Clippers owner Donald Sterling in firestorm over alleged racist remarks
L.A. Clippers owner Donald Sterling, who for 30 years has presided over the city’s second NBA franchise, became the object of national outrage and the target of an NBA investigation Saturday after allegedly making derogatory remarks about blacks.
In an audio recording, released by celebrity gossip site TMZ, a person identified as Sterling argues with his girlfriend, criticizing her for posting a picture of herself on Instagram posing with Lakers legend Magic Johnson.
FOR THE RECORD:
This article says Mayor Eric Garcetti issued a statement “condemning the billionaire.” In fact, the statement condemned the alleged remarks of the billionaire.
“It bothers me a lot that you want to broadcast that you’re associating with black people,” Sterling allegedly says, later adding, “I’m just saying, in your … Instagrams, you don’t have to have yourself with, walking with black people.
“Don’t put him on an Instagram for the world to have to see so they have to call me. And don’t bring him to my games.”
The release of the recording came after the Clippers’ best regular season and on the eve of Game 4 of the first-round playoff series with the Golden State Warriors. It touched off a furor, with Clippers fans as well as Miami Heat star LeBron James and other top players criticizing Sterling.
Los Angeles Mayor Eric Garcetti issued a statement condemning the billionaire, who turned 80 on Saturday.
Clippers Coach Doc Rivers was visibly angry at the recording’s content and the distraction it caused.
“I think the biggest statement we can make as men — not as black men, as men — is to stick together and show how strong we are as a group, not splinter, not walk,” Rivers said. “It’s easy to protest. The protest will be in our play.”
NBA Commissioner Adam Silver told reporters in Memphis, Tenn., the remarks were “truly offensive and disturbing” and said the league intended to conduct an investigation into the recording’s authenticity that would “move extraordinarily quickly,” possibly concluding in the next few days. Silver said Sterling would not attend Sunday’s game at Oracle Arena in Oakland.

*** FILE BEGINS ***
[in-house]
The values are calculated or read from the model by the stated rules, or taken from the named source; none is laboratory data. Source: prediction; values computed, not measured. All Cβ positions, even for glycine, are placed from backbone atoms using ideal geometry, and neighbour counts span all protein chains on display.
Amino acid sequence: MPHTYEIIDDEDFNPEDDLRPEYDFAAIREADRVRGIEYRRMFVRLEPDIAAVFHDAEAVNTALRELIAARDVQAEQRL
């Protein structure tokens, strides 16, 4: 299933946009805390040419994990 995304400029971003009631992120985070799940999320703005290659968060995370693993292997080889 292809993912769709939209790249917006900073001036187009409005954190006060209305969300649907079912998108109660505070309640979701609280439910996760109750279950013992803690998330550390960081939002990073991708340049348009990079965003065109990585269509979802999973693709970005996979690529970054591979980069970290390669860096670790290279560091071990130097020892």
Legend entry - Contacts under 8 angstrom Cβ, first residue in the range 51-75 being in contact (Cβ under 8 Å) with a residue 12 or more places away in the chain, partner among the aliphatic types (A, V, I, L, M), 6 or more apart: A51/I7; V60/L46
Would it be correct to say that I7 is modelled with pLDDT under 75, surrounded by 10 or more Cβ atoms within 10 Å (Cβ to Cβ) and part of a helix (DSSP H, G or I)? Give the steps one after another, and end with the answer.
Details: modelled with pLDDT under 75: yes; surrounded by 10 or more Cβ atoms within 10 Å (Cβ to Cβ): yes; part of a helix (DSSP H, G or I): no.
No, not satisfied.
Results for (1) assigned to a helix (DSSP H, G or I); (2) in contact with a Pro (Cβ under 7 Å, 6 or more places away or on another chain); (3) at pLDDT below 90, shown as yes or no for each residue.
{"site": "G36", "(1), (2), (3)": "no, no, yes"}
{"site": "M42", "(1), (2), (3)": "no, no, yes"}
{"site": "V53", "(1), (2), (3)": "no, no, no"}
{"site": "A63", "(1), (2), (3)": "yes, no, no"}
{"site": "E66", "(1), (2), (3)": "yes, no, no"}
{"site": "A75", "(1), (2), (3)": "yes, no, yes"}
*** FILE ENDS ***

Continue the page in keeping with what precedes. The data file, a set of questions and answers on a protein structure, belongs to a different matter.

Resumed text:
Silver would not comment what action the league would take if an investigation establishes Sterling made the comment. But it could include a hefty fine or suspension. A demand that he sell the team is unlikely.
TMZ did not say how it obtained the recording. The Times has not verified the recording for its authenticity.
The woman on the recording, who identifies herself as Mexican and black, was said to be V. Stiviano, who is in her 20s and who has often been seen at Sterling’s side. In a lawsuit filed last month, Sterling’s wife, Rochelle, contends her husband showered Stiviano in money and expensive cars, and that he had been having an affair with her for four years.
Clippers President Andy Roeser released a statement that questioned the authenticity of the recording and the motives of Stiviano, who he noted is the defendant in Rochelle Sterling’s $1.8-million embezzlement case.
Roeser claimed that after the lawsuit was filed, Stiviano told Donald Sterling that she would “get even.” The team executive also said what was stated on the recording “is not consistent with, nor does it reflect [Sterling’s] views, beliefs or feelings.”
Rivers said he would speak for his Clippers players regarding the controversy. During a 45-minute team meeting Saturday morning, he said, his players voiced their displeasure over the remarks.
“No one was happy about it,” Rivers said at the practice court at the University of San Francisco, before alluding to the unity among his white and black players. “J.J. Redick was just as [mad] as Chris Paul and that’s the way it should be.”
Players considered wearing black socks or armbands in protest during Sunday’s game but worried about being viewed as radical. Center DeAndre Jordan posted a black rectangle on his Instagram account and tweeted a link to his more than 426,000 followers.
Rivers said the idea of boycotting a game was raised but quickly dismissed.